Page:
Congress Passes $900 Billion Pandemic Relief Package, Including $15 Billion Save Our Stages Act

December 30, 2020

CONTACT: Johanna Tschebull

On December 21, the U.S. Congress passed one of the largest pieces of legislation in history (5,593 pages) to fund the federal government for the remainder of FY2021 ($1.4 trillion) and to provide more pandemic relief to businesses, nonprofit organizations, states, local governments, schools, families, and individuals ($900 billion). The President signed the bill into law on December 27. The pandemic relief package extends many of the relief programs and incentives established under the CARES Act passed in March and specifically provides for the following: 

Aid to Small Businesses – $325 billion, including $284 billion for the Paycheck Protection Program

Extends the Paycheck Protection Program (PPP) to March 31, 2021 and provides $284.45 billion for a “second draw” of forgivable loans for smaller and harder-hit businesses, with a maximum amount of $2 million.


To receive a Paycheck Protection Program loan under this section, eligible entities must:

  • Employ not more than 300 employees;
  • Have used or will use the full amount of their first PPP; and
  • Demonstrate at least a 25 percent reduction in gross receipts in the first, second, or third quarter of 2020 relative to the same 2019 quarter. Provides applicable timelines for businesses that were not in operation in Q1, Q2, Q3, and Q4 of 2019. Applications submitted on or after January 1, 2021 are eligible to utilize the gross receipts from the fourth quarter of 2020.
  • Eligible entities must be businesses, certain non-profit organizations, housing cooperatives, veterans’ organizations, tribal businesses, self-employed individuals, sole proprietors, independent contractors, and small agricultural co-operatives.
  • Prohibits eligible entities that receive a grant from Save Our Stages grant program from obtaining a PPP loan at the time of the bill’s passage.

 Loan Terms 

  • Borrowers may receive a loan amount of up to 2.5 times the average monthly payroll costs in the one year prior to the loan or the calendar year. No loan can be greater than $2 million.
  • Seasonal employers may calculate their maximum loan amount based on a 12-week period beginning February 15, 2019 through February 15, 2020.
  • New entities may receive loans of up to 2.5X the sum of their average monthly payroll costs.
  • Businesses with multiple locations that are eligible entities under the initial PPP requirements may employ not more than 300 employees per physical location.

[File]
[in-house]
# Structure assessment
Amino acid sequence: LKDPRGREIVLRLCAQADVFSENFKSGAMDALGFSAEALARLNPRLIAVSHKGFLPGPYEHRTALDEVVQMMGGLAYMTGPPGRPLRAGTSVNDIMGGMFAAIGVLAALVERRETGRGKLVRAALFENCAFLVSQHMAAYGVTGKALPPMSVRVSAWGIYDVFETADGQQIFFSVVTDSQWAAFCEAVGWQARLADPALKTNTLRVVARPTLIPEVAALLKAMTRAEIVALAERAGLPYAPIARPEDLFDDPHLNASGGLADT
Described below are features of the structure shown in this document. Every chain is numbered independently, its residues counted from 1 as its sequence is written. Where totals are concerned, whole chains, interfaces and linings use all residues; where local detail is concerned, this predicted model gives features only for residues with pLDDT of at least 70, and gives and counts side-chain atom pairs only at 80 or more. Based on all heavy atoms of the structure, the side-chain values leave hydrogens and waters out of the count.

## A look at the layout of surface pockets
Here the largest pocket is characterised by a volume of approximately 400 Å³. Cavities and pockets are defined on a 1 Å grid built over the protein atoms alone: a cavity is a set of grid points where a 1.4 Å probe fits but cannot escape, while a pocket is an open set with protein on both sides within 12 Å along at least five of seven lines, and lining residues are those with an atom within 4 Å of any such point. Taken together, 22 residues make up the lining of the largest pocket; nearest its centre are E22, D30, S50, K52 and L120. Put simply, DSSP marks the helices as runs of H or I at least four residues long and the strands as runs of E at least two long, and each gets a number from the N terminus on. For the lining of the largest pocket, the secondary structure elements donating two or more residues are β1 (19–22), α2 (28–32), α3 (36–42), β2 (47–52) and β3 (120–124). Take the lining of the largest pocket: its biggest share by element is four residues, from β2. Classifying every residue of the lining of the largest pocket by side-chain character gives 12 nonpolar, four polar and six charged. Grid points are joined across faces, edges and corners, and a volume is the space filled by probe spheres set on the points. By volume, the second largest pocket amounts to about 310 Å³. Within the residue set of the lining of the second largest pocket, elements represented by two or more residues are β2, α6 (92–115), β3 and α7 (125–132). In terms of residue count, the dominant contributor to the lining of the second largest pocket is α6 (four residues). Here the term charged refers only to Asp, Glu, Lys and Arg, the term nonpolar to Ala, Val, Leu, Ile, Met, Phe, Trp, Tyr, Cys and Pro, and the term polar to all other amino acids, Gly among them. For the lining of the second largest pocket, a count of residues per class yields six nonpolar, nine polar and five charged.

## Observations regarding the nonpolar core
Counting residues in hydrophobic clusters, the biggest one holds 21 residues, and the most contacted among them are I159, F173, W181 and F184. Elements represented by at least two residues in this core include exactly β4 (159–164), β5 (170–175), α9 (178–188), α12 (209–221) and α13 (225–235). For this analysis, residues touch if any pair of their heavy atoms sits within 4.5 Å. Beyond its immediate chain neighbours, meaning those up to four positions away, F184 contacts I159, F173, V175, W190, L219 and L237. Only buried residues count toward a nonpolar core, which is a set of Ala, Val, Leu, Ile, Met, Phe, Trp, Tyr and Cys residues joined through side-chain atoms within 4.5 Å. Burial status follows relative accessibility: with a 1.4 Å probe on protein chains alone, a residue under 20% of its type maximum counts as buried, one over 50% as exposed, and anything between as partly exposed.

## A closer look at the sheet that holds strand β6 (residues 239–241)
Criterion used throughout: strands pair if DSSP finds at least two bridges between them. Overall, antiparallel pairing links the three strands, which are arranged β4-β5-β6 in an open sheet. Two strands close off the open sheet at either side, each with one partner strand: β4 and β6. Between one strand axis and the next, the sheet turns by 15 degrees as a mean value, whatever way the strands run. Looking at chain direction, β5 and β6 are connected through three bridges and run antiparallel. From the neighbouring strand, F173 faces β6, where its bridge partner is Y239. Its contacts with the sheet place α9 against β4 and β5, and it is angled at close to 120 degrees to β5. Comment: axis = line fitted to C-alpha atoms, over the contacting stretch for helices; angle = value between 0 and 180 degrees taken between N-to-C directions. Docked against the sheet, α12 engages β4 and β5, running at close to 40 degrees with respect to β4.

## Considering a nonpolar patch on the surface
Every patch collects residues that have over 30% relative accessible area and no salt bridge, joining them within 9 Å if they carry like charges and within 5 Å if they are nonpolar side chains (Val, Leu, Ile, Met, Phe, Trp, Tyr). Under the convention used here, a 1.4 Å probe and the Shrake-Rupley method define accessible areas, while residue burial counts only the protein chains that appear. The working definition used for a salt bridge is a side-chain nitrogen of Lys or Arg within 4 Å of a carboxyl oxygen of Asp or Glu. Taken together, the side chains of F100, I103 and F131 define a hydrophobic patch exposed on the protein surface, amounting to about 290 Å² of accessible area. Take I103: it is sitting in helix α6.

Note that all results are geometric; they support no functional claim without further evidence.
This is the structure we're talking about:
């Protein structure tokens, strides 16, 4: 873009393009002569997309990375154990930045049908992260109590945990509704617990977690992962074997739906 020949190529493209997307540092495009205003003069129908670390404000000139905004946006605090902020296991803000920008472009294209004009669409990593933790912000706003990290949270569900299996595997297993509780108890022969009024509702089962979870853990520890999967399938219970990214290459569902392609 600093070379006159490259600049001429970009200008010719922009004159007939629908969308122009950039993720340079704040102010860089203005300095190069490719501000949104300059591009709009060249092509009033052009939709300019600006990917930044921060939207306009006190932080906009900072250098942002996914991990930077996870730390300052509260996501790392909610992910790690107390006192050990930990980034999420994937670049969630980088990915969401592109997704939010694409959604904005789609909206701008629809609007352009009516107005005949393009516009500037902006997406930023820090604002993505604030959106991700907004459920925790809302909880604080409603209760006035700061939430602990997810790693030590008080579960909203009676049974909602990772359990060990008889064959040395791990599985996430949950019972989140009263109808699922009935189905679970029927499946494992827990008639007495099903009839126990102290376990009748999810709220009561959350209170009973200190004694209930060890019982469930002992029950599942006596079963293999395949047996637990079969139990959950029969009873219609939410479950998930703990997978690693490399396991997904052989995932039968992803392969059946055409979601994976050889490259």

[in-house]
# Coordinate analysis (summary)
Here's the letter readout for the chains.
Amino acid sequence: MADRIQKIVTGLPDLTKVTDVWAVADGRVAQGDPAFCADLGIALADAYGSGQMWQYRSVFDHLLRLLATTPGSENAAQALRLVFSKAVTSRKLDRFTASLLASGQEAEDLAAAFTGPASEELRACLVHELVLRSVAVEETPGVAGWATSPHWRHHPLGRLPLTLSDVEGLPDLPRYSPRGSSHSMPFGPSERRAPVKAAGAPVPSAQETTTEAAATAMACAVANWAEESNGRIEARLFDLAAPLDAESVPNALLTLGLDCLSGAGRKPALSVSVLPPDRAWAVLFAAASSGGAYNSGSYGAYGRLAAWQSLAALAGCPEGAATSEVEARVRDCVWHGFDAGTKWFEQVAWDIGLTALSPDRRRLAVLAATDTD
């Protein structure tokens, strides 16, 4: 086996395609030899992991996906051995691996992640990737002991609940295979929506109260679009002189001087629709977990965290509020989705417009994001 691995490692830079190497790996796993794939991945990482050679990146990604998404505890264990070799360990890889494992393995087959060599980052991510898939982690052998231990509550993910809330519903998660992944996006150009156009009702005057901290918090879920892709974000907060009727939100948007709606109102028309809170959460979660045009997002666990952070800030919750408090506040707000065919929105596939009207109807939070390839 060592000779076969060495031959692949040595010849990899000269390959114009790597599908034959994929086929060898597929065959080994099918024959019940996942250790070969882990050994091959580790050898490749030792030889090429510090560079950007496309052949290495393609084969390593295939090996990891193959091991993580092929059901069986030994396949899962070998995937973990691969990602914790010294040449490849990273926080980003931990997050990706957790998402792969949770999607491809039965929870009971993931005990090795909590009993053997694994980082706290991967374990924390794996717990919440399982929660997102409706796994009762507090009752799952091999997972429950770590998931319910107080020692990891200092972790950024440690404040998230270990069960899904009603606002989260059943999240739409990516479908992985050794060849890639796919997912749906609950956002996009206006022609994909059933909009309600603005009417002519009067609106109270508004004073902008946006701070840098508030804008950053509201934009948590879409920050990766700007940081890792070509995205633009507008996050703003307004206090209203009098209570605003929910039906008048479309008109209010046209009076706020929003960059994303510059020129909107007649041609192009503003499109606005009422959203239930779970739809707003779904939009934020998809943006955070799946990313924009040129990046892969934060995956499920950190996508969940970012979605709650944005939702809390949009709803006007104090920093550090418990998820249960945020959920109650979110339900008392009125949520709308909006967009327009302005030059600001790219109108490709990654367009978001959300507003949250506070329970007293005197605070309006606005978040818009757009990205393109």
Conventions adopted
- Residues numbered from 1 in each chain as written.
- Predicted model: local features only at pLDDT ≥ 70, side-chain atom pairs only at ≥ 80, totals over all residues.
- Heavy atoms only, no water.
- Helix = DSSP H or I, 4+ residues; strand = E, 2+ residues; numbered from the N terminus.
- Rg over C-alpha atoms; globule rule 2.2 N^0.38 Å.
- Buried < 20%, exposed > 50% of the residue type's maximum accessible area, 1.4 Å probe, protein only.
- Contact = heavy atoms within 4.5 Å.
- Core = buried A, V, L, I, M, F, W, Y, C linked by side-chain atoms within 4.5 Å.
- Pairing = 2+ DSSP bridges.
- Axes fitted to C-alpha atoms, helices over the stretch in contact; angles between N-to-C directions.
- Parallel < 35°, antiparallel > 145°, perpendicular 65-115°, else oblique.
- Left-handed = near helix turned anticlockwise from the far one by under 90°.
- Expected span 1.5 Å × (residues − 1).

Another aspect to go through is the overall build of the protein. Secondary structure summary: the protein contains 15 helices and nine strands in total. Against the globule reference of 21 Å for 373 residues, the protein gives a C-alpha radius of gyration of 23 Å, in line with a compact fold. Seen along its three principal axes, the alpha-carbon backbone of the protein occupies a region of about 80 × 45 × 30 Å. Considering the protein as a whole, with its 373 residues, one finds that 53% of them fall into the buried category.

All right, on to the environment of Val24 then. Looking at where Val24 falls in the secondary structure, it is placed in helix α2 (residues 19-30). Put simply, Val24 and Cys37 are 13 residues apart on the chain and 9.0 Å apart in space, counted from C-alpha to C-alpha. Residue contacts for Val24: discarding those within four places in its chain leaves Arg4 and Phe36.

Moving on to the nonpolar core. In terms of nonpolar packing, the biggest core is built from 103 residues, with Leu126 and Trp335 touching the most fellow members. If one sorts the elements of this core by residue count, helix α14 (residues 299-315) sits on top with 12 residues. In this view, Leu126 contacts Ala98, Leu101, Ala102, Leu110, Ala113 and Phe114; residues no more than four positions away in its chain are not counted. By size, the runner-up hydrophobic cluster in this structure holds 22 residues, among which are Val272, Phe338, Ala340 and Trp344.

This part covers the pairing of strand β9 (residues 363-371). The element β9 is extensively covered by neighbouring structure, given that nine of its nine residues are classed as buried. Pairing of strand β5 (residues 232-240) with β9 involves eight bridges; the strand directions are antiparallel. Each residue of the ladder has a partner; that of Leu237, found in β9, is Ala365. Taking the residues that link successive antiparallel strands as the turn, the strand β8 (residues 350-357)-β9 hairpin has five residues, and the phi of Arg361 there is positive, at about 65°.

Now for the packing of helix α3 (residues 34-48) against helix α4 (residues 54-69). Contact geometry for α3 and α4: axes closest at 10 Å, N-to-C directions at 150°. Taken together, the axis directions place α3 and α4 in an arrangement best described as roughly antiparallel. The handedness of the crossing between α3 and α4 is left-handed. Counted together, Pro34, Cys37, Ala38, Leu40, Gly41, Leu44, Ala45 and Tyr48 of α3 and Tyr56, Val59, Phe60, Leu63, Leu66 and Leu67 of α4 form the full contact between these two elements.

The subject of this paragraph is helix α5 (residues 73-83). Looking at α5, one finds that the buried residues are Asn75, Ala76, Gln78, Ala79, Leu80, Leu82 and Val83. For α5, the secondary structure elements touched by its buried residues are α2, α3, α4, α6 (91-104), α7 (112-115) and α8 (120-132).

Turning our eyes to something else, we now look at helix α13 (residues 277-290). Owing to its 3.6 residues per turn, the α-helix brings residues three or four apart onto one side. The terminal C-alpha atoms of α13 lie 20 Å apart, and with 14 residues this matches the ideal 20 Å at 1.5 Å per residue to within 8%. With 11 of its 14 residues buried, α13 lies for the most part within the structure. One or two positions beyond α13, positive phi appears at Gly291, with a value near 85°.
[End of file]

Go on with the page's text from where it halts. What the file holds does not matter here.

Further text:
• An eligible entity may only receive one PPP second draw loan.
  • Fees are waived for both borrowers and lenders to encourage participation.
  • For loans of not more than $150,000, the entity may submit a certification attesting that the entity meets the revenue loss requirements on or before the date the entity submits their loan forgiveness application and non-profit and veterans’ organizations may utilize gross receipts to calculate their revenue loss standard.

Loan Forgiveness 

  • Borrowers of a PPP second draw loan would be eligible for loan forgiveness equal to the sum of their payroll costs, as well as covered mortgage, rent, and utility payments, covered operations expenditures, covered property damage costs, covered supplier costs, and covered worker protection expenditures incurred during the covered period.
  • The 60/40 cost allocation between payroll and nonpayroll costs to receive full forgiveness will continue to apply.
  • The prior requirement that borrowers deduct an Economic Injury Disaster Loan amount from their forgivable PPP loan is repealed.
  • The bill requires the Small Business Administration to establish a streamlined loan forgiveness process for borrowers with loans $150,000 or less.
Save Our Stages Grant Program – $15 Billion

The bill establishes a $15 billion grant program to be administered by the Small Business Administration (SBA) to support “shuttered venue operators”, including “live performing arts organization operators”. The SBA will establish rules to implement the program within 10 days after the bill is signed into law.


  • “Live performing arts organization operators” are defined as an individual or entity, for-profit and nonprofit, that “as a principal business activity, organizes, promotes, produces, manages, or hosts live concerts, comedy shows, theatrical productions, other events by performing artists.”